Sunday, 23 December 2012

The Roots of Christmas; Wrap up

There is no doubt that Yeshua HaMessiah was born.
That He was born of a virgin Jewish girl between the age of 13 to 16 or 17.

Yeshua was raised in a middle class Jewish family, with younger half brothers and sisters, traded in the craft of his step-father.

At age 30, Yeshua left His home and became a travelling Rabbi, teaching and preaching, training His followers and at some point, even His widowed mother joined him in his travels.
He was a respected rabbi, honoured by even non-Jews because of His kindness to even them.
He was put to death and burial in the matter of the Jews, though hurried because it was Passover.
Yeshua died during Passover, rose from the death on the feast of First Fruits, when the first fruits of the wheat harvest was offered. But when was He truly born?
Well, the math is simple:
If Yeshua was 33 and 1/2 years old when put to death on Passover, which is late March or early, then counting back six months finds us in later September, early October, during the Feast of Booths. Which means Gabriel appeared in December, during Hanukkah. Miriam (Mary) conceived Messiah in her womb in December; this is not the month she would give birth.
 So, I found my answers; Yeshua, born of a Jewish, raised in a Jewish home and laid to rest as a Jewish, remains a Jew.
The study of Christmas and its true meaning leads to me to the conclusion that, while meaning, removes Yeshua from His Jewish roots. The central message of the Gospel is not the birth, but the Death, Burial and Resurrection of Messiah. It is His death, not His birth that is the heart of the message.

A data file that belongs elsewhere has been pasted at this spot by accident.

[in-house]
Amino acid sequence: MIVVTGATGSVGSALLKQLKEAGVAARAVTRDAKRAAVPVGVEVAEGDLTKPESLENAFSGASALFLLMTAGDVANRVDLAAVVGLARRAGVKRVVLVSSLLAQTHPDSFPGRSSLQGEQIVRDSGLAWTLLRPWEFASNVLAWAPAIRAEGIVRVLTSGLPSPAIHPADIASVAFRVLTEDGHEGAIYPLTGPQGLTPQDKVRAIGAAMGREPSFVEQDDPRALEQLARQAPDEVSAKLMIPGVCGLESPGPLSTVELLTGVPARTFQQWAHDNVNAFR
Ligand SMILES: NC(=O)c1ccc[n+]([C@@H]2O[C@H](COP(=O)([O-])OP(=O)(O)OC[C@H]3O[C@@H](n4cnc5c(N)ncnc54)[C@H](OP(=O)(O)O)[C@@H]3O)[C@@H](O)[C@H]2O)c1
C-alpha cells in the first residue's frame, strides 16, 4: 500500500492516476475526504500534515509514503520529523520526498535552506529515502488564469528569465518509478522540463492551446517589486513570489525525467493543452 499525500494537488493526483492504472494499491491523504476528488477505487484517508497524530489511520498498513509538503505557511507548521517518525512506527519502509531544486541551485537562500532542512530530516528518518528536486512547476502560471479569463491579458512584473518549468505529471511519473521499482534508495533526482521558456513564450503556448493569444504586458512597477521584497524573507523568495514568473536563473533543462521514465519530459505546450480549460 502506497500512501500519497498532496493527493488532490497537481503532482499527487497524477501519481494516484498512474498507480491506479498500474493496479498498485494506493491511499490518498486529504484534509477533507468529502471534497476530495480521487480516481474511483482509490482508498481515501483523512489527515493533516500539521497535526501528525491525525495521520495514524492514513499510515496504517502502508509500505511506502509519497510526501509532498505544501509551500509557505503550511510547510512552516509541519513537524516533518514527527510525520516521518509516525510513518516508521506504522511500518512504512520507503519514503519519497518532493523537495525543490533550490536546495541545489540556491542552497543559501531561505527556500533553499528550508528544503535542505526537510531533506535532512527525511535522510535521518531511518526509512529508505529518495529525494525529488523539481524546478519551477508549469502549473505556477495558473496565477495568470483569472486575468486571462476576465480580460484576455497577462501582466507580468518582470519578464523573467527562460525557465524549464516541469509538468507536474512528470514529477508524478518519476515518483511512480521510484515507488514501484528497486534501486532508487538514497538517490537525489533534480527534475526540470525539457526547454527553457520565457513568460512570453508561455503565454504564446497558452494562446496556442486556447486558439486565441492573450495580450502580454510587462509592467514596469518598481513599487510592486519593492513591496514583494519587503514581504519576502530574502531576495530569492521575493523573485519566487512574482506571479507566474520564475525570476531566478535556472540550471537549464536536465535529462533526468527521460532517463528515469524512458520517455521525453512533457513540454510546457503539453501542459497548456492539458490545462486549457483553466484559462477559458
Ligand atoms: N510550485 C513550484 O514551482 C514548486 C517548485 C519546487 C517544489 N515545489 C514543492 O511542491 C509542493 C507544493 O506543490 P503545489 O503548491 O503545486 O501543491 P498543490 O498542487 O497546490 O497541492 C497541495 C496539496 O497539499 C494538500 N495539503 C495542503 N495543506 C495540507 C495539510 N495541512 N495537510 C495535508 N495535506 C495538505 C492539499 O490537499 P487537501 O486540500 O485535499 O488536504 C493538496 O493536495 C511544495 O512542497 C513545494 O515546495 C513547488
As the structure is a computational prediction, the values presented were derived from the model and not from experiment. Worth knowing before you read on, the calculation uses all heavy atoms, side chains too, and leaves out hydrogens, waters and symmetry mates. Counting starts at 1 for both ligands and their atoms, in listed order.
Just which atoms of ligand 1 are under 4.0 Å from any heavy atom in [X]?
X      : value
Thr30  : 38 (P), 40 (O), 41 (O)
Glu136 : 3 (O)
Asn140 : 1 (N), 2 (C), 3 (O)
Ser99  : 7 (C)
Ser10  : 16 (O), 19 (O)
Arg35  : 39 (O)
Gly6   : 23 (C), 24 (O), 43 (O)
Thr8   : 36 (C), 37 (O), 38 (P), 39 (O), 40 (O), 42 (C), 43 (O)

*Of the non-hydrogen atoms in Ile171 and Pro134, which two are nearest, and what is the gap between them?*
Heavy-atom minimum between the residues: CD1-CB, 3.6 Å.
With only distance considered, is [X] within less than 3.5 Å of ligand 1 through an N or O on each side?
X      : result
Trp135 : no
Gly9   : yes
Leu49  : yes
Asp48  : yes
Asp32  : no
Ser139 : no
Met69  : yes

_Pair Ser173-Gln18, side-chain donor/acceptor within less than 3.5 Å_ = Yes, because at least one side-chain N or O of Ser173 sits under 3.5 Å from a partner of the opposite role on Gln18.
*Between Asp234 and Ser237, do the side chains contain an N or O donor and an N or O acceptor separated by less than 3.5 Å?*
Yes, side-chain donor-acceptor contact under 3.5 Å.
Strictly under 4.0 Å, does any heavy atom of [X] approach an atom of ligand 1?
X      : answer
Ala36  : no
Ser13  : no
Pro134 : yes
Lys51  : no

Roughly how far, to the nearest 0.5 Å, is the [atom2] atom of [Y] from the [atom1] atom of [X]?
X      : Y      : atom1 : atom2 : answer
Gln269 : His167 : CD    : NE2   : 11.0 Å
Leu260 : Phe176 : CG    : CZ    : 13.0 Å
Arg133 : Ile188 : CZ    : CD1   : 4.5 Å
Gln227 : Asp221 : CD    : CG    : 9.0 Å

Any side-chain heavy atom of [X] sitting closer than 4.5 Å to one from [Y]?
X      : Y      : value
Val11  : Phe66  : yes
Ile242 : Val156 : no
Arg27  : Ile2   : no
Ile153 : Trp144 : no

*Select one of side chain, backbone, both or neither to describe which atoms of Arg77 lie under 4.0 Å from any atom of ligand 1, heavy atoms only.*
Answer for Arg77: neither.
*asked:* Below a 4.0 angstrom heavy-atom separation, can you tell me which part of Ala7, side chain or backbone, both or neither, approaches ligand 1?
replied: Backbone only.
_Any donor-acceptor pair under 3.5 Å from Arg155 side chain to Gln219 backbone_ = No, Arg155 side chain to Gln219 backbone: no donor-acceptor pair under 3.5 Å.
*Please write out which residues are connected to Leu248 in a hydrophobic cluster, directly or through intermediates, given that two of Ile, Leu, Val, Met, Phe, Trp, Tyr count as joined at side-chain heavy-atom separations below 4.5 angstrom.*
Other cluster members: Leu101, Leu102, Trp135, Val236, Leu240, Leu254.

I still love this time of the year. While Mark and I do not celebrate Christmas, we still can find joy in the season. G-d use both nature and culture to teach us about Him self and others. The winters winds indeed slow down our pace, and we can use these to draw us closer to friends and family, to tell stories, share our goods with others, for fun and fellowship.
I still have fond memories of days gone by, but find myself truly enjoying the Feast of the L-rd, Shabbat and the lovely scents and sounds of Hanukkah
We as Jews are commanded not to learn the way of the heathen. So that we do not fall away from the G-d of Abraham.  My careful study leads me to believe Christmas still a pagan holiday and not of G-d.
But that is MY Truth.
To redeem means to return someone or something to its original state, not change its meaning to suit ourselves. The Tree of Life was a fruit tree; the evergreen tree don't bear fruit, but berries that are deadly when eaten.
By the same token, I do not believe that means we who do not celebrate the Yule Time are to cut ourselves off from those who do. G-d shines the truth in our lives as we can handle it. My mother still celebrates Christmas and I respect her choice. And she not only understands my reasons for not celebrating Christmas, she respects them. And what wonderful times we still share during this time of year.
Nor is there anything wrong with tradition; as long as it doesn't counter Torah. And again, that is a truth each of us must come to.

 
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